- Change in laws in favour of women like Hindu inheritance Act has neither brought about any change in the percentage of property held by women nor in their status.
- Different religious communities have different personal laws which lead to politicization.
Opponents of UCC argue that personal laws are driven by and derived from religious beliefs. it may be prudent not to disturb them by enacting a common code, as this runs the risk of engendering a great deal of animosity and tension between various religious communities .Also India being a secular country guarantees its minorities the right to follow their own religion, culture and customs under Article 29 and 30. But implementing a Uniform Code will hamper India’s secularism.
Due to these, UCC has become next to impossible.
THE GOAN MODEL
The Portuguese Civil Code that remains in force even today was introduced in the 19th century in Goa and wasn’t replaced after its liberation.
● The Uniform civil code in Goa is a progressive law that allows equal division of income and property between husband and wife and also between children (regardless of gender).
● Every birth, marriage and death has to be compulsorily registered. For divorce there are severe provisions.
● Muslims that have their marriages registered in Goa cannot practice polygamy or divorce by pronouncing “talak” thrice.
● During the course of marriage all the property and wealth owned or acquired by each spouse is commonly held by the couple.
● Each spouse in case of divorce is entitled to a half share of the property and in case of death the ownership over half of the property is retained by the other.
● The parents cannot disinherit their children entirely. At least half of their property has to be passed on to the children compulsorily. This inherited property must be shared equally among the children.
However the code has certain drawbacks and is not strictly a uniform civil code. For example: The Hindu men have the right to bigamy under specific circumstances mentioned in Codes of Usages and Customs of Gentile Hindus of Goa (if the wife fails to deliver a child by the age of 25, or if she fails to deliver a male child by the age of 30). For other communities, the law prohibits bigamy.
In order to promote the spirit of uniformity of laws and accomplish the objectives enshrined in Art.44 of the Constitution, the following suggestions need immediate consideration.
- A progressive and broadminded outlook is needed among the people to understand the spirit of such code. For this, education, awareness and sensitisation programmes must be taken up.
- The Uniform Civil Code should act in the best interest of all the religions.
- A committee of eminent jurists should be considered to maintain uniformity and care must be taken not to hurt the sentiments of any particular community.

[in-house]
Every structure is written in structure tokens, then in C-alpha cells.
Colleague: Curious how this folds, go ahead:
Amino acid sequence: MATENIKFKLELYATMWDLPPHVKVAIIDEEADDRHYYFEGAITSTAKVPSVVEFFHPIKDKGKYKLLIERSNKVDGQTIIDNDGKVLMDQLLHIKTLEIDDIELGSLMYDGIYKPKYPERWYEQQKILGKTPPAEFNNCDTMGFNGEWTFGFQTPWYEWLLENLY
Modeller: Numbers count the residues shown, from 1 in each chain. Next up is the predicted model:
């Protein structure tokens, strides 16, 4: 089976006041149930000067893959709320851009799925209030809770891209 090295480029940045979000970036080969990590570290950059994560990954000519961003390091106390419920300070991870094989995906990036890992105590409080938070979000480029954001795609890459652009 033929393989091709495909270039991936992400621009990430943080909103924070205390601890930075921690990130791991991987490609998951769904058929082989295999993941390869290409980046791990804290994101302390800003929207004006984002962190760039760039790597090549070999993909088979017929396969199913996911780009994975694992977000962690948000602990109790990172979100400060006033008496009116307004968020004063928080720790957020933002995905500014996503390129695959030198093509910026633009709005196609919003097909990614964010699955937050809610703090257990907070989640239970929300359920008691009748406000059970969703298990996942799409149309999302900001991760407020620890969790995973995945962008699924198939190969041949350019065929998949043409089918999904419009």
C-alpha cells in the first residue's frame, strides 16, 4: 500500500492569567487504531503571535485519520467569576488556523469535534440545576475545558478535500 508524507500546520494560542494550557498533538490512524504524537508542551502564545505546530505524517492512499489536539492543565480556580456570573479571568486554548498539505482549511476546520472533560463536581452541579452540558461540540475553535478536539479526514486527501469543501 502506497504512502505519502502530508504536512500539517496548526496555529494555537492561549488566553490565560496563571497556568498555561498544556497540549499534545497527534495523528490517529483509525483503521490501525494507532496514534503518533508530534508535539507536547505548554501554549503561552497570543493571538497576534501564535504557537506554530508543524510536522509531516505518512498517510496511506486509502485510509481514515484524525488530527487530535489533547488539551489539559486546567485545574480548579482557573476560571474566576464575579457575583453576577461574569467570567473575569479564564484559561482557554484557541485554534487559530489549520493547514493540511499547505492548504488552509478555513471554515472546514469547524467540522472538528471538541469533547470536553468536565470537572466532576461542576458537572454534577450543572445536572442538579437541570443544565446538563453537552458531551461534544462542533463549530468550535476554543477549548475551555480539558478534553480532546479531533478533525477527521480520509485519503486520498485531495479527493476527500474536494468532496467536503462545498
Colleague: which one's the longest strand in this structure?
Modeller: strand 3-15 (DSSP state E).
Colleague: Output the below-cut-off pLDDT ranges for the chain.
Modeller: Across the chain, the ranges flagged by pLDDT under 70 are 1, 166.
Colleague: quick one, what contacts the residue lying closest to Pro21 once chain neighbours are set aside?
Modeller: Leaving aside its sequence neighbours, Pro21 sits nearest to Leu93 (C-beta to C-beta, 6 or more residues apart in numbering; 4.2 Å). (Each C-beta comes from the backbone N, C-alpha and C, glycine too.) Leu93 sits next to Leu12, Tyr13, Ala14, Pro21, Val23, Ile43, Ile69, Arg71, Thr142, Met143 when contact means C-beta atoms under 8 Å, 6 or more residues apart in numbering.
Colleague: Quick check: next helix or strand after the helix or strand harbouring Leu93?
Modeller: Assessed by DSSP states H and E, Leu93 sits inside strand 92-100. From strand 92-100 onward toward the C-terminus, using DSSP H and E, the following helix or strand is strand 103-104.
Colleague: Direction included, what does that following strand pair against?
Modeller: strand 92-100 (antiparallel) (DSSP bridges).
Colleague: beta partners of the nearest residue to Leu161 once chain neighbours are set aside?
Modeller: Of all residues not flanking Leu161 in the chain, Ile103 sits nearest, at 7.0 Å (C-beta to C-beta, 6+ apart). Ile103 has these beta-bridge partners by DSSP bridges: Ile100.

- The matter being sensitive in nature, its always better if the initiative comes from the religious groups concerned.
The way forward– gradual change
India is a unique blend and merger of codified personal laws of Hindus, Muslims, Christians, Parsis. There exists no uniform family related law in a single statutory book for all Indians which is acceptable to all religious communities who co-exist in India. However majority of them believe that UCC is definitely desirable and would go a long way in strengthening and consolidating the Indian nationhood but differ on its timing and the manner in which it should be realized.
Instead of using it as an emotive issue to gain political advantage, political and intellectual leaders should try to evolve an consensus on the issue. The question is not of minority protection, or even of national unity, it is simply one of treating each human person with the dignity that he deserves; something which personal laws have so far failed to do.
“The need for common civil code though it is debated at different levels still it remains a mirage for want of agreement among different groups. There are many areas in which religious laws can be reconciled with the secular law without there being a conflict of each other. It is possible to have a common code at least for the marriage law in India.”- Kochi high court
Approach for the Civil Services Examination
● Polity-religion, secularism, personnel laws etc
General Studies Paper II
● Indian polity
Which of the following statement is /are correct
a) Part IV of the constitution deals with uniform civil code
b) Uniform civil code has been recommended to ensure national integration.
c) Goa is the only state in India to have some form of uniform civil code
d) Part IV of the constitution is justiciable in nature
Essay –The Need for a Uniform Civil Code in a Secular India.
General Studies Paper II–
a) Discuss the possible factors that inhibit India from enacting for its citizens a uniform civil code as provided for in the directive principles of state policy.
b) There is no necessary connection between religion and personnel laws on the one hand and civil laws and personnel laws are different on the other. In this context discuss the need for a uniform civil code and the different challenges associated with this.